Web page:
“This was sold as a mandate, they called it a mandate, it looked like a mandate and in oral argument [the solicitor general] came in and claimed it was a tax, but I’m not sure the chief was right in concluding it was a tax,” Sessions said. More here.
BoehnerJohn BoehnerNunes rebuffs calls for recusal Wounded Ryan faces new battle Bottom Line MORE 'resolved': House Speaker John BoehnerJohn BoehnerNunes rebuffs calls for recusal Wounded Ryan faces new battle Bottom Line MORE
(R-Ohio) said the Supreme Court’s decision to uphold the majority of
President Obama’s healthcare reform law would “strengthen [the] resolve”
of the GOP to repeal it entirely. But he declined to criticize the Supreme
Court or Chief Justice John Roberts, the George W. Bush appointee who
provided the deciding vote in favor of the law.
“I’m blessed that I’m
not a lawyer,” Boehner said. “It’s not for me to decide. While I’m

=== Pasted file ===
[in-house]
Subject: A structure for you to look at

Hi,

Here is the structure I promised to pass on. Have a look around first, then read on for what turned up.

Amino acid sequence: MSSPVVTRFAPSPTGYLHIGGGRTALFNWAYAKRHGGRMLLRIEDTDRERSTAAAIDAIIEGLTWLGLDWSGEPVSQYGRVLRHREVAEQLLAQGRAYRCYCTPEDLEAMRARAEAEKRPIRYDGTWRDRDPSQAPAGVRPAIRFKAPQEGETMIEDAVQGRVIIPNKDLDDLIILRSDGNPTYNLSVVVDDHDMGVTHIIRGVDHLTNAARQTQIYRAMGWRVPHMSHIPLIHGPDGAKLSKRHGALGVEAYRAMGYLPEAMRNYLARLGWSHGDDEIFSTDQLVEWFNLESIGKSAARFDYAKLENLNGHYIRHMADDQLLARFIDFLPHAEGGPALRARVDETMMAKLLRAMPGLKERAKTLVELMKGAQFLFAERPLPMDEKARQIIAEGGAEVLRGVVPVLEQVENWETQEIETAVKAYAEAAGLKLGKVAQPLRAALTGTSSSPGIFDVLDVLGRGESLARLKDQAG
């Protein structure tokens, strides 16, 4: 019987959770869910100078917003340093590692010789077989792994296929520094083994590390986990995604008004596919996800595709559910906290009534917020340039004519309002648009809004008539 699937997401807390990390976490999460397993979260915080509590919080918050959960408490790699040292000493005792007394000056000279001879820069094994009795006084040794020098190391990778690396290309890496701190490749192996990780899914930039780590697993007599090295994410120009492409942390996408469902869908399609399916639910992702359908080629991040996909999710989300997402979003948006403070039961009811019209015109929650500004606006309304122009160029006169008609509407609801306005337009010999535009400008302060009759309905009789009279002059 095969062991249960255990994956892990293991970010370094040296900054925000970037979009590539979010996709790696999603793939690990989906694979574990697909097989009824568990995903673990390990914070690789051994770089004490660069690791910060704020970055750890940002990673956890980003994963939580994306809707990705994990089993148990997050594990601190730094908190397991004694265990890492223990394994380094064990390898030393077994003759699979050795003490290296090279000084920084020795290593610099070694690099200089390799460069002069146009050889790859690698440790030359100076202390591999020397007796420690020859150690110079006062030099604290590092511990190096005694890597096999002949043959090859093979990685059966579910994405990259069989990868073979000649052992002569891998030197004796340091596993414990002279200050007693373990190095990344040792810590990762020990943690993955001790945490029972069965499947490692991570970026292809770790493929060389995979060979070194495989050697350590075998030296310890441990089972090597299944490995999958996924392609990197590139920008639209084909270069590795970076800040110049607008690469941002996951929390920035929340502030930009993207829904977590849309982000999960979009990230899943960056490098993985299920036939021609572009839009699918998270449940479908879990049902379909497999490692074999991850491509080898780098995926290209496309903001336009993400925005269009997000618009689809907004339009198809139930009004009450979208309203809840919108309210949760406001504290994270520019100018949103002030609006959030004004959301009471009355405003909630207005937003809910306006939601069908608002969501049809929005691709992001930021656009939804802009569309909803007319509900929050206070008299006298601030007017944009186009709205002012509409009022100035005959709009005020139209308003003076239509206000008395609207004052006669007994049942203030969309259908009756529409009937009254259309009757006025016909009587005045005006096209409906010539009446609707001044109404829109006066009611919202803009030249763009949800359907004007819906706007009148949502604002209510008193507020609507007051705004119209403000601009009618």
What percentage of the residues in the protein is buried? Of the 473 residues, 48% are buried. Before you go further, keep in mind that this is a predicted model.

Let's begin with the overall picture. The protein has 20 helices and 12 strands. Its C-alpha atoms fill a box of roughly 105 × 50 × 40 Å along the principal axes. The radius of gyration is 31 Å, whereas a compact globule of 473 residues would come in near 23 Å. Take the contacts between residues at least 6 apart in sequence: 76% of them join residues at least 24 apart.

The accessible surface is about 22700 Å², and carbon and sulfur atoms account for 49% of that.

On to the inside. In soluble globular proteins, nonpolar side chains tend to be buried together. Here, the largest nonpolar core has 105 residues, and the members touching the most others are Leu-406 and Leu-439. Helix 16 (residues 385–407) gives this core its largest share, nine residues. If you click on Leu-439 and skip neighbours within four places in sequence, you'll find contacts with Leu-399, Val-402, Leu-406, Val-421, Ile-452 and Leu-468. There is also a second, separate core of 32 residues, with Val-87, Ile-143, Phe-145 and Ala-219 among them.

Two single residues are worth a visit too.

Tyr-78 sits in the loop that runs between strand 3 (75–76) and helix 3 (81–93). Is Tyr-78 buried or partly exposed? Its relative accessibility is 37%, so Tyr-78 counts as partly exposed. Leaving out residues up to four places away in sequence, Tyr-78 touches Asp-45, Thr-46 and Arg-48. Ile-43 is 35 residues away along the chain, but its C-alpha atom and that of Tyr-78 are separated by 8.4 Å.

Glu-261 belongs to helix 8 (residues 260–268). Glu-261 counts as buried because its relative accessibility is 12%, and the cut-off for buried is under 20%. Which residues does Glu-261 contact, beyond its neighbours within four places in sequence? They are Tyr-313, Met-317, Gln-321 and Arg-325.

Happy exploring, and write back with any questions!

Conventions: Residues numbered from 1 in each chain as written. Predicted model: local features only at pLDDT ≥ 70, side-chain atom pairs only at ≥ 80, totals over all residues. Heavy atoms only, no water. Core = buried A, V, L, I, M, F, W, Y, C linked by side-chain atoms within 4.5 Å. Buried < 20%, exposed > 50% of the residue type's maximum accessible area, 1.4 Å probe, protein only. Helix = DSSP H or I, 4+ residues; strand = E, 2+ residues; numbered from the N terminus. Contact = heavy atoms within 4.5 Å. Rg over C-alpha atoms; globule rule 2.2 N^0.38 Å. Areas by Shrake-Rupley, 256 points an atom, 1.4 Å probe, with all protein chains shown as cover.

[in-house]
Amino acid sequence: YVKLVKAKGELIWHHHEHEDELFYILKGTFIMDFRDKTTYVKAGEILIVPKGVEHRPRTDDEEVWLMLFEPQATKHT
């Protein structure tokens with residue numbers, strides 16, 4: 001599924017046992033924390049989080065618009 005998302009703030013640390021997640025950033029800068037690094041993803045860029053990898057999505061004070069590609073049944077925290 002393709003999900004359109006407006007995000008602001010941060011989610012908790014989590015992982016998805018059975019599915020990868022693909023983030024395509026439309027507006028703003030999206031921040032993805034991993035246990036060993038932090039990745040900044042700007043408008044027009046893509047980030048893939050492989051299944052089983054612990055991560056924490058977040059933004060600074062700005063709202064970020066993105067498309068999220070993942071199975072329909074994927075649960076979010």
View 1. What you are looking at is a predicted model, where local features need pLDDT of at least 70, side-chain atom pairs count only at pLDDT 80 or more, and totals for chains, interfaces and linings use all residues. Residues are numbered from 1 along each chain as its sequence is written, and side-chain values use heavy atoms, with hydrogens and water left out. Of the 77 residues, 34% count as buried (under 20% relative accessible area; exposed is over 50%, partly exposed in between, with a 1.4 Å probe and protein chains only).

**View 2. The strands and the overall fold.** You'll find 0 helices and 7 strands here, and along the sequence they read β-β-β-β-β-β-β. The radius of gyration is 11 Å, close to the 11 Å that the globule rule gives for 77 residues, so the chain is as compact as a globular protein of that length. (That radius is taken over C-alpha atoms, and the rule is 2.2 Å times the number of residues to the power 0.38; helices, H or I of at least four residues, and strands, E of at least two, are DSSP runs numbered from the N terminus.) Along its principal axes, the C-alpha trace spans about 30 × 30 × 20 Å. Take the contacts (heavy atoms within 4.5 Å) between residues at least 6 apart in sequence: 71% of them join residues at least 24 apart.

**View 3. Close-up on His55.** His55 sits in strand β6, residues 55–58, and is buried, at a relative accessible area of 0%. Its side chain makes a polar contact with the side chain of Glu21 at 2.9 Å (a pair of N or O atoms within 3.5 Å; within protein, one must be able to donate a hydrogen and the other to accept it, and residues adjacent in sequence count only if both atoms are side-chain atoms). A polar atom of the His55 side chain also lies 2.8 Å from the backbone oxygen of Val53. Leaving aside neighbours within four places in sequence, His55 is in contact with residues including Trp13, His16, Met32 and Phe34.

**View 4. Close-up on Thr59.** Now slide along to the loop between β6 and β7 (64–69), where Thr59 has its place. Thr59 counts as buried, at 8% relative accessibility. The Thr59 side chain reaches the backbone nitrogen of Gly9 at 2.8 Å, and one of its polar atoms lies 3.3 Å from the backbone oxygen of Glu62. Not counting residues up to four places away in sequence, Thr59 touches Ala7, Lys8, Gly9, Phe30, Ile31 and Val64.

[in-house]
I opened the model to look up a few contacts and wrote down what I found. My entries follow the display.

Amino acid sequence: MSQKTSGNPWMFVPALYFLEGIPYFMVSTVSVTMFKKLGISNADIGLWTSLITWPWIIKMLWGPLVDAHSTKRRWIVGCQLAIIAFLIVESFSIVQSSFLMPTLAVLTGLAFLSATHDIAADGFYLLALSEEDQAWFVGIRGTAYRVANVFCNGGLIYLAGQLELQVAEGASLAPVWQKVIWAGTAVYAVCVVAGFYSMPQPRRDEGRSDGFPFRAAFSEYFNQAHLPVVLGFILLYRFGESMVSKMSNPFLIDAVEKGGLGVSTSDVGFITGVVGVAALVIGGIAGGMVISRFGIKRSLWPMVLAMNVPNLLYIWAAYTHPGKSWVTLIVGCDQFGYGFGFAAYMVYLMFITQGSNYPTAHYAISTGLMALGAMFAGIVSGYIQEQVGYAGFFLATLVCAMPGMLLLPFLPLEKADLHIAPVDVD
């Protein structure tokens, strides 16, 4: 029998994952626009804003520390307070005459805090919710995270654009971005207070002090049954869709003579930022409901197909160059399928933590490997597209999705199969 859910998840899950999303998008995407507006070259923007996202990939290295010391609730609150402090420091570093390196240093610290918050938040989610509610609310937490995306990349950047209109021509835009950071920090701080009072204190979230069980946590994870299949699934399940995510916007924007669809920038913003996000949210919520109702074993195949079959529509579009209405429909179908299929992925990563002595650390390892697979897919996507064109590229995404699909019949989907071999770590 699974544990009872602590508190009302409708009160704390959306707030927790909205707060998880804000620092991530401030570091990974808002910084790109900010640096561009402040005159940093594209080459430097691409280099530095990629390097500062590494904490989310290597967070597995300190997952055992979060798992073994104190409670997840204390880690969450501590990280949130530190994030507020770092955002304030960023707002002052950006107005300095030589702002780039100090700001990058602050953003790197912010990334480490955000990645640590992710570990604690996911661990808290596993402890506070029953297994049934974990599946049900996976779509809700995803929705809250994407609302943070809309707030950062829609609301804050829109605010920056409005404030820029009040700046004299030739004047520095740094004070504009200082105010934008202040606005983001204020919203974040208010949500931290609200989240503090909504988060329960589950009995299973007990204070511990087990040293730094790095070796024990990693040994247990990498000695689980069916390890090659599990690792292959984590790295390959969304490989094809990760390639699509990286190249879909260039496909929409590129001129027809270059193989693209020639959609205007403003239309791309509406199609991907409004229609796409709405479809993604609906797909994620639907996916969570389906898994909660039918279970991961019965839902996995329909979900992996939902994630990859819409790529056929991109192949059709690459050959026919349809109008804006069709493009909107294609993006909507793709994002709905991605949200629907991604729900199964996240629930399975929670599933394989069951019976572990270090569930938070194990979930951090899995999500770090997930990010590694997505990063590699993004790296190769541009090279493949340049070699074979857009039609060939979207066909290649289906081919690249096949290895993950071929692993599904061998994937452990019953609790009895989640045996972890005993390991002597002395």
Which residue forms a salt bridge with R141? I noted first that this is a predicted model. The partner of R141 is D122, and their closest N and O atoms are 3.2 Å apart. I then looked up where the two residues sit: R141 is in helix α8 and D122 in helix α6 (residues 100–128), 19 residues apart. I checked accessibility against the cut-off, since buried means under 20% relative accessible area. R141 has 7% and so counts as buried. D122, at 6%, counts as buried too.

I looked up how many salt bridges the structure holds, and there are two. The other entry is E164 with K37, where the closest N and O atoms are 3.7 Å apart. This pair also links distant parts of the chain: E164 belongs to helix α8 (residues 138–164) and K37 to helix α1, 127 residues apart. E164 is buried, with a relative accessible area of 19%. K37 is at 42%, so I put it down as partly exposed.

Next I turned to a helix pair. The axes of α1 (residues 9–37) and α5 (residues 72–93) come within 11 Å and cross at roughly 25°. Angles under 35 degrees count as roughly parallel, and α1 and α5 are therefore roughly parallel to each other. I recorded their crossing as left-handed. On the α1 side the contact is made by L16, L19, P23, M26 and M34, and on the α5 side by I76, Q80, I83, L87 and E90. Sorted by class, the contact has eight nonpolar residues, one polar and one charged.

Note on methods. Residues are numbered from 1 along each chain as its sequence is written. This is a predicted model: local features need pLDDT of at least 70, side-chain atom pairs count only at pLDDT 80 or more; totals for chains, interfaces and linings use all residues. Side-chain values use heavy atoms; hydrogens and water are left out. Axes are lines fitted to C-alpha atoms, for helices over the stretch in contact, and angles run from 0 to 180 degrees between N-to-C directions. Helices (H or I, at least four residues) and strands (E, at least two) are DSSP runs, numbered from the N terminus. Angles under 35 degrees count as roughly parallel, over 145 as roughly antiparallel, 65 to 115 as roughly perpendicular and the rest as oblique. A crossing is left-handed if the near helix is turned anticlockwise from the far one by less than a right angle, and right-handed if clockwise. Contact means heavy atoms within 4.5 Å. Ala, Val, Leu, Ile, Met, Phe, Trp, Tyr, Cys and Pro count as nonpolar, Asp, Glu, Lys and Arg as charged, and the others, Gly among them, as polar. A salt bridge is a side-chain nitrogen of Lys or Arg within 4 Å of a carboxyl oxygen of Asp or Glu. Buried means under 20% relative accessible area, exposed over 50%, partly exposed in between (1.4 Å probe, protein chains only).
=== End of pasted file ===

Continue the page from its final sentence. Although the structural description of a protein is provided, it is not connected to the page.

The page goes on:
disappointed in their decision, they came to a decision. I respect it.”
GOP leaders announced they would move forward with another House vote to
fully repeal the law in July, despite the fact that the House has
already held one repeal vote that was rejected by the Senate. More here.
Crowds berserk: A circus atmosphere outside the Supreme
Court turned partisan Thursday after the decision was released.
Opponents of the law gathered near the center of the steps and chanted
"Strike it down!" as the clock ticked toward 10 a.m., when the court's
session began. Some in the crowd had brought along a life-size mannequin
of Jesus in a tan robe. Many waved the "Don't tread on me" flags